Anxiety and Romantic Relationships: How to Help Your Anxiety-Ridden Partner

Anxiety and romantic relationships are challenging, especially when you want to help your anxiety-ridden partner. Learn how to support your partner, yourself.

Anxiety and romantic relationships are a frustrating combination. If you are in a loving relationship with someone you care about, it’s difficult to watch them struggle with anxiety. When you care about someone, it’s natural to want to help them, to make their anxiety better. Further, anxiety can become an unwelcome extra partner who tries to take over the relationship. Romantic relationships and anxiety present a triple whammy: Your partner is plagued by anxiety and its life-limiting effects; you face the challenge of wanting to help your anxiety-ridden partner, and the relationship between the two of you suffers, too.

Anxiety in dating relationships or any kind of love relationship is trying. No one wants to see a loved one suffer. Here, we’ll explore how to help a loved one with anxiety as well as examine some ways you can care for yourself, too. As miserable a combination as anxiety and romantic relationships can be, it’s possible for each partner and the relationship itself to thrive.

Anxiety and Romantic Relationships: Dos and Don’ts for Helping Your Anxious Partner

Key concepts for helping your partner reduce their anxiety can be remembered with the acronym LACE-C (pronounced “lacey).

  • L: Listening
  • A: Acceptance
  • C: Compassion
  • E: Empathy
  • C: Communication

Together, these form the foundation of what you can do to help your partner with anxiety. Of course, these concepts are important in all relationships, but when anxiety is part of a romantic relationship, these principles guide healing so everyone can move forward.

Listening is a skill that helps your partner feel heard. They feel secure sharing their anxieties with you, and when they open up, you can help alleviate their fears.

Acceptance of your partner is also called unconditional positive regard, or unconditional love. Letting go of “shoulds,” rules for how you think your partner should be, how you think you should be, and how you think the relationship should be helps you live in your real world rather than in your head with troubled thoughts.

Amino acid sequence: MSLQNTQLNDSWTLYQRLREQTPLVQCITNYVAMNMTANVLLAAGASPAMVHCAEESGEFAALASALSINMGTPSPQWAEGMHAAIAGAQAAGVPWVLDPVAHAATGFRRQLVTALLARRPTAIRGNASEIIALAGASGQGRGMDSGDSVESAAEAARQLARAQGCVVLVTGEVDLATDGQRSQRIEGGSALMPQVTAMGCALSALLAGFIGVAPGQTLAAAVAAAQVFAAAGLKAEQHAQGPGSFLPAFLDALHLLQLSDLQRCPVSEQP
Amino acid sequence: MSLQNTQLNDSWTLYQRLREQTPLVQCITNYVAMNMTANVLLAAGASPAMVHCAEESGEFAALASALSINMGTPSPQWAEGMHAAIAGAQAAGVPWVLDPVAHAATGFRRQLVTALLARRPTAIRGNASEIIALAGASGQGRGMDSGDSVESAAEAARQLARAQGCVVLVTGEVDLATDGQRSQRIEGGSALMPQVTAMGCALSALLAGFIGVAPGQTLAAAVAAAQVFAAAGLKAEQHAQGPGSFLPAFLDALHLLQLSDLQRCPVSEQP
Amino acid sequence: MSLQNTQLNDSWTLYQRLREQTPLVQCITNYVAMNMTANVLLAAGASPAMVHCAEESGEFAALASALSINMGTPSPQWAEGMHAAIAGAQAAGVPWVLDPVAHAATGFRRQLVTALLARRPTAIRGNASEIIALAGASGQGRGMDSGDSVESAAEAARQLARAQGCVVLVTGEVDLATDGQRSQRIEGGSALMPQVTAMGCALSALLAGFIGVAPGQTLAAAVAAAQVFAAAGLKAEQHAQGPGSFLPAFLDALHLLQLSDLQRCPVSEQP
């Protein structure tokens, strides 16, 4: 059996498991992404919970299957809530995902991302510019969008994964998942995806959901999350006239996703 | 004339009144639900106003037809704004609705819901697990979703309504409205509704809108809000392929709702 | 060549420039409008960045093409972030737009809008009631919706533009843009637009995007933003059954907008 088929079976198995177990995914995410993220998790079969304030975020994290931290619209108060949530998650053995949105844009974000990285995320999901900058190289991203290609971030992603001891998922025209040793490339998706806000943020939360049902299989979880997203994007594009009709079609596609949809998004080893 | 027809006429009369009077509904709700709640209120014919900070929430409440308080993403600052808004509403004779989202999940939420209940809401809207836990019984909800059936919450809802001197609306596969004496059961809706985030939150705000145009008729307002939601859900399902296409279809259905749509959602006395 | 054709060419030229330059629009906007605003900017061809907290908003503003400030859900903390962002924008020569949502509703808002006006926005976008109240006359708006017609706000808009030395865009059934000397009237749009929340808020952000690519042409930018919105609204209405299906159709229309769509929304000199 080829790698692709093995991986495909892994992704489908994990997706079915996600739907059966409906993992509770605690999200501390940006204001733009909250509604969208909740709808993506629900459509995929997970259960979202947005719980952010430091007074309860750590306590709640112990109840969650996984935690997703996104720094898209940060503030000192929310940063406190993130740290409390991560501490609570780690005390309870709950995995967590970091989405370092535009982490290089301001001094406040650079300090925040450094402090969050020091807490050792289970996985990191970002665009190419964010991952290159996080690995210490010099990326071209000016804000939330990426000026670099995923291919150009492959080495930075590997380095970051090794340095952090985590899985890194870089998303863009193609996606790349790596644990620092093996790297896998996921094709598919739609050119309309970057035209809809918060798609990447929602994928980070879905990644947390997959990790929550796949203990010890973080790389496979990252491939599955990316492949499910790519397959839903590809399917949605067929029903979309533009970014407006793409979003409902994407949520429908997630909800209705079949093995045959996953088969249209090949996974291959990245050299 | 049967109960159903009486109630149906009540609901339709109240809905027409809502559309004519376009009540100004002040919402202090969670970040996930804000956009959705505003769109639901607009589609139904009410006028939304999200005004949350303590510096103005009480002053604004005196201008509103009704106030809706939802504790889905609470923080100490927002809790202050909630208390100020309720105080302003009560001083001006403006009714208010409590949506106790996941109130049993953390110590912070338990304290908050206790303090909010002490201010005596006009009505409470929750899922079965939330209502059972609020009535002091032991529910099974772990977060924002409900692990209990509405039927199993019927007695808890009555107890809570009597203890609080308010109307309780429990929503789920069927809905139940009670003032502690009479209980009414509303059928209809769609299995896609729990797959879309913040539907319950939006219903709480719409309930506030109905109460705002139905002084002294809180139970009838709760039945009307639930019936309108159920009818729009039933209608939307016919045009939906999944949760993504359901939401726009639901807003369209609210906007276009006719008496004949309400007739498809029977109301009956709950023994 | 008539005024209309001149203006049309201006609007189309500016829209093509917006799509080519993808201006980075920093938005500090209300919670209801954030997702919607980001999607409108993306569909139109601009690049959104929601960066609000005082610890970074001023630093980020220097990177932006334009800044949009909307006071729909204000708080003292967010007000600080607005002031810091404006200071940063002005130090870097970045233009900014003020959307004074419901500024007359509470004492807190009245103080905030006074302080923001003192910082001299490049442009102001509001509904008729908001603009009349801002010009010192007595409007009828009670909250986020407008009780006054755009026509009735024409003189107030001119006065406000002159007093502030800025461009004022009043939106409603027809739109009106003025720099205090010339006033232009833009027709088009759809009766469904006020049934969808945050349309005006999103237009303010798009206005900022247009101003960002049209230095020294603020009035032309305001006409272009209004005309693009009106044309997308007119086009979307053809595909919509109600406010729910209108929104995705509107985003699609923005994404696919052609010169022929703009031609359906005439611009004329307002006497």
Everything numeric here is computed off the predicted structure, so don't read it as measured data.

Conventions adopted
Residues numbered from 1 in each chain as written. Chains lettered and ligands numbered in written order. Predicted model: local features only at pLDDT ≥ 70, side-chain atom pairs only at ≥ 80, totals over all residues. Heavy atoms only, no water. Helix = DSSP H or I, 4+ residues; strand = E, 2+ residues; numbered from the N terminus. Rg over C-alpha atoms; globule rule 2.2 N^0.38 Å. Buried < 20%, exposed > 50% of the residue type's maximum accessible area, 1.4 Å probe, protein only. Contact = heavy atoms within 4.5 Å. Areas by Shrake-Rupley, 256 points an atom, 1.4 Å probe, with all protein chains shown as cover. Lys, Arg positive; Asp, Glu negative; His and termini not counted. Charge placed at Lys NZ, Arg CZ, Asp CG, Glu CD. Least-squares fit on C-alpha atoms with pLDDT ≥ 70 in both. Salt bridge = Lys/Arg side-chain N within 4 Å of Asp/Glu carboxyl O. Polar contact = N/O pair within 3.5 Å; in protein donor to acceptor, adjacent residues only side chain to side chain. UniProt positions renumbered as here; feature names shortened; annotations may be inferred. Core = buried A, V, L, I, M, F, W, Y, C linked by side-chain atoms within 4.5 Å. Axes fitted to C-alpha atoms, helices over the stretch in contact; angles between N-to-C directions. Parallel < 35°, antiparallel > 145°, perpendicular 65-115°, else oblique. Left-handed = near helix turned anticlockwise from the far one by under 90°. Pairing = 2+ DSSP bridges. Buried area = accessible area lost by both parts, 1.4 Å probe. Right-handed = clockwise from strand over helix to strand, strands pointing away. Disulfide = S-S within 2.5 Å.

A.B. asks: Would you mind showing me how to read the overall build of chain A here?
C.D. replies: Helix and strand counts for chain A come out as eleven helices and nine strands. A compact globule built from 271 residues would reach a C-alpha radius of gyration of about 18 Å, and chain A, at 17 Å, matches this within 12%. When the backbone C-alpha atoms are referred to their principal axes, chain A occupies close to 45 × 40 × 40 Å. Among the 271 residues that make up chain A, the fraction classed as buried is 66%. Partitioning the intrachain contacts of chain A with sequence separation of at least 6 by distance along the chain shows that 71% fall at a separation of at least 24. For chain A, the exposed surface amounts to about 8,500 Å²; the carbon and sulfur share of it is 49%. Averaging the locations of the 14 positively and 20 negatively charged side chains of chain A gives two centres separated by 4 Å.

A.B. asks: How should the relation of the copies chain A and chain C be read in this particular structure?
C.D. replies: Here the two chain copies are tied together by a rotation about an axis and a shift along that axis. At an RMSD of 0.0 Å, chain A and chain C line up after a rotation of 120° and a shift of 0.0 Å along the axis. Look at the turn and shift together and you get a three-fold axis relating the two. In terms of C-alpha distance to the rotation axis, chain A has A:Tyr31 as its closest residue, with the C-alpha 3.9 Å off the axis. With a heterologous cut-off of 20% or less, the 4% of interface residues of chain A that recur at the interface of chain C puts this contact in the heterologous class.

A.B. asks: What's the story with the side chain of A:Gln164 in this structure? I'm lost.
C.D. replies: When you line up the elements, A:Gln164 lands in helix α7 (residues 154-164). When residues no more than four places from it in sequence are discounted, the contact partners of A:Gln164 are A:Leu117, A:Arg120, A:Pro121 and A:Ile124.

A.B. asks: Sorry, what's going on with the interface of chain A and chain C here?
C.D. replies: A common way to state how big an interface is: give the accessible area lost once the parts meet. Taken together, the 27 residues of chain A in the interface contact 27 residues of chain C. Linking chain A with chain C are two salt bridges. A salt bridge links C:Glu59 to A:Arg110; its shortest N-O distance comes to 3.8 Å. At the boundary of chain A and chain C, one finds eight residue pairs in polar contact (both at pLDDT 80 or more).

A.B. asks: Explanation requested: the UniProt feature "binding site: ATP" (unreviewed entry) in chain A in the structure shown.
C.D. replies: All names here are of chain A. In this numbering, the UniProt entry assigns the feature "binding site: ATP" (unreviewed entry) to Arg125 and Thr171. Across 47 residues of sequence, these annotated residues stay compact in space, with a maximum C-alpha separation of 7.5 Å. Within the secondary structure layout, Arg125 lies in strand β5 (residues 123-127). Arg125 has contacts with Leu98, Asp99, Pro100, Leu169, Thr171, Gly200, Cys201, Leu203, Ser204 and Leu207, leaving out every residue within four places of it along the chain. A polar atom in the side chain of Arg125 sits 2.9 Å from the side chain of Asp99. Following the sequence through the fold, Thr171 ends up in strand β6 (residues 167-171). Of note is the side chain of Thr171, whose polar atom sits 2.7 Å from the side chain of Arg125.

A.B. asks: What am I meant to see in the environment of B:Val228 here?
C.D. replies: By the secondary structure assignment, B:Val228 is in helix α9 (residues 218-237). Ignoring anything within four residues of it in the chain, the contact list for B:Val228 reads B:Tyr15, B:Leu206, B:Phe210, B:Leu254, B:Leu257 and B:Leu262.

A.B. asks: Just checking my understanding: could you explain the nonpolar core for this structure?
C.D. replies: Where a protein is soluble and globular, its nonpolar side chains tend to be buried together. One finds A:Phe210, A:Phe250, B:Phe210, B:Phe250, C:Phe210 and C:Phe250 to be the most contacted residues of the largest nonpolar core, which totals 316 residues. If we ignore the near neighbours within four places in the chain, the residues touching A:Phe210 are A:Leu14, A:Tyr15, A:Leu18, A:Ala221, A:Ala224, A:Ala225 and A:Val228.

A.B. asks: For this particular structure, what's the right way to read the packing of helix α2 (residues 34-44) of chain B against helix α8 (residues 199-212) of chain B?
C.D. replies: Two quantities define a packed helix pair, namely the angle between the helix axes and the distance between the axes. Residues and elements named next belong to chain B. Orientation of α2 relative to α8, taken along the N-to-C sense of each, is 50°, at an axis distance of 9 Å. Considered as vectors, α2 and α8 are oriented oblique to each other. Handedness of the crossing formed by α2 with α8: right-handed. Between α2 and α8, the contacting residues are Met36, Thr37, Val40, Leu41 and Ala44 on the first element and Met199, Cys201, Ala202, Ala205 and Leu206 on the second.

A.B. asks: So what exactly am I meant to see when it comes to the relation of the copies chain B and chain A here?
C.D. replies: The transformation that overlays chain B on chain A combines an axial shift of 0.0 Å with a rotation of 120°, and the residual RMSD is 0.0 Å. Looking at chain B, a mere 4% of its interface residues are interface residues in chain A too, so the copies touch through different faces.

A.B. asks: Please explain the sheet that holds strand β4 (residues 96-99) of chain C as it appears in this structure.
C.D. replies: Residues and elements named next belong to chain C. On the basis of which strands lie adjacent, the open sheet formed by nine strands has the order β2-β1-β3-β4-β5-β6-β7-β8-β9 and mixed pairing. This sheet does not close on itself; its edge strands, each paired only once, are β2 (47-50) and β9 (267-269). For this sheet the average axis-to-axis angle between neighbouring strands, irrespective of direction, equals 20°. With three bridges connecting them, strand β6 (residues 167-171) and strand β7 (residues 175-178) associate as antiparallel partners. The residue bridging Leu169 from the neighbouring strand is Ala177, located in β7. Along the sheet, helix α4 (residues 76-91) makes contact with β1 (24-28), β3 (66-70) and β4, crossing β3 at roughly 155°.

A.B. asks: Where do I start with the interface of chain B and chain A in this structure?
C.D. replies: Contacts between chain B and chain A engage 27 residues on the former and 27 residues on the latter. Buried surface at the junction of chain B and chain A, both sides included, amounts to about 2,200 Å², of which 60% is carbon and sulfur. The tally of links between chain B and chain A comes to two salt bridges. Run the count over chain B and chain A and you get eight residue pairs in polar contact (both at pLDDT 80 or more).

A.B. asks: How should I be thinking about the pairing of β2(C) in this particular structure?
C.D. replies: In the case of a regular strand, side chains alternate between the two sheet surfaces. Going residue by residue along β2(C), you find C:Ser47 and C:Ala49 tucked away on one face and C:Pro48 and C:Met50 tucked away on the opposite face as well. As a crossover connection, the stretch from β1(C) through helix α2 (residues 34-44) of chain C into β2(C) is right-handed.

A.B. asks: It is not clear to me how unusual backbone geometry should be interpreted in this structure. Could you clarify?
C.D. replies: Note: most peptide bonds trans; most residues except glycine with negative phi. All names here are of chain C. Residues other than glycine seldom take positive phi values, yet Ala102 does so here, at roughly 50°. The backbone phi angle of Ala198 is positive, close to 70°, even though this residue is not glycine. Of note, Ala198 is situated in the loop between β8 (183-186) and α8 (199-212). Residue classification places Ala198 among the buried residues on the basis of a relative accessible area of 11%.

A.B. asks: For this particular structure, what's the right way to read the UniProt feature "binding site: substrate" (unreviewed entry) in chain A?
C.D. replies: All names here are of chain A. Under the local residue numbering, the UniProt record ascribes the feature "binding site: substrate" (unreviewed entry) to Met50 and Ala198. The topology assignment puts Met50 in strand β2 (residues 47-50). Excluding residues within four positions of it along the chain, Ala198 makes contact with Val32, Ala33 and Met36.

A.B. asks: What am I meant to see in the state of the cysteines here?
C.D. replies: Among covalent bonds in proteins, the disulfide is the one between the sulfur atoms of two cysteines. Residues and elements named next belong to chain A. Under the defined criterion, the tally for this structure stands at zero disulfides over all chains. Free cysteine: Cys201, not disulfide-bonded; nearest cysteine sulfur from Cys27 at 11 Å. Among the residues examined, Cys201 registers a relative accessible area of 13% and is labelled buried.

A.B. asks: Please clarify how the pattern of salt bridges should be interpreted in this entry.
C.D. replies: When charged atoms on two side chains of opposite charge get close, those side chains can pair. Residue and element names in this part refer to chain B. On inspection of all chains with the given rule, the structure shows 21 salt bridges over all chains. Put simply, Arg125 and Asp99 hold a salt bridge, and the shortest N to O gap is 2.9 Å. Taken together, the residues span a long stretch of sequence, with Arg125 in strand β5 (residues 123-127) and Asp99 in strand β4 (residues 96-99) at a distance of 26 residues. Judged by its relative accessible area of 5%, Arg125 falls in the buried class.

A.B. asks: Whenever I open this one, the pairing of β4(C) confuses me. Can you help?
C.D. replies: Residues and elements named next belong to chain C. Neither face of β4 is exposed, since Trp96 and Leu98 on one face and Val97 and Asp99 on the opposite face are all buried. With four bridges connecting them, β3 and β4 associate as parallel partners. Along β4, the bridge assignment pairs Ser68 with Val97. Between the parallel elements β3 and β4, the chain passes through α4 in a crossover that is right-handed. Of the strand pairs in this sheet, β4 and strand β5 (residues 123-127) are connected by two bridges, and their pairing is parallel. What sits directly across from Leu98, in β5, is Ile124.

When you exist in the present moment with your partner without evaluating them or their anxiety, you’re practicing acceptance. When people feel accepted, anxiety decreases and peace and contentment increase. This is true for your partner, you, and the relationship.

Compassion involves a nonjudgmental approach to your partner when they are riddled with intense anxiety. Compassion allows you to separate your partner from their anxiety, loving the person for who they are.

Empathy is similar to compassion, but is slightly different. Empathy is being able to put yourself in your partner’s shoes and seek to understand what it would feel like to go through what they are experiencing. Empathy involves shared feelings and deep understanding.

Communication is one of the most important components of any relationship and is especially important when one partner has anxiety. When you both agree to be open and honest, you can work through almost any difficulty. The best way to know what your partner needs for anxiety support is to ask. The best way to understand your partner’s specific anxieties is to listen and allow them to tell you.

Some things that don’t help—and actually hurt—a relationship include:

  • Trying to be your partner’s therapist, all day every day
  • Taking your partner’s anxiety personally
  • Your partner taking your communication personally
  • Criticizing
  • Blaming
  • Impatience
  • Anger
  • Accusations
  • Enabling
  • Coddling
  • Reacting rather than stopping, thinking, and responding intentionally

Anxiety and Romantic Relationships: Don’t Forget Yourself

No matter how much you love your partner, anxiety can be a huge relationship challenge. Often, the partner without anxiety takes on a lot of responsibilities: helping their partner, taking care of many household chores, shopping, parenting (if kids are involved), and being the sole source of income (if anxiety prevents the other partner from working).

Practicing self-care and loving and supporting yourself the way you do your partner is important for your own mental health and wellbeing. Some ways to do this:

  • Take breaks by engaging in your own interests and hobbies
  • Form your own support system (family, friends, a support group)
  • See a therapist for your own needs
  • Set boundaries: what you can and can’t do
  • Don’t allow your partner to mistreat you. Anxiety isn’t a license for terrible treatment ("How Abusive Relationships Cause Anxiety").

Anxiety and romantic relationships may seem like a bad combination; however, a relationship in which one partner has anxiety can blossom and thrive. With mutual support and concern, anxiety will shrink out of the way.

article references

APA Reference
Peterson, T. (2021, December 20). Anxiety and Romantic Relationships: How to Help Your Anxiety-Ridden Partner, HealthyPlace. Retrieved on 2024, July 22 from

Last Updated: January 6, 2022

Medically reviewed by Harry Croft, MD

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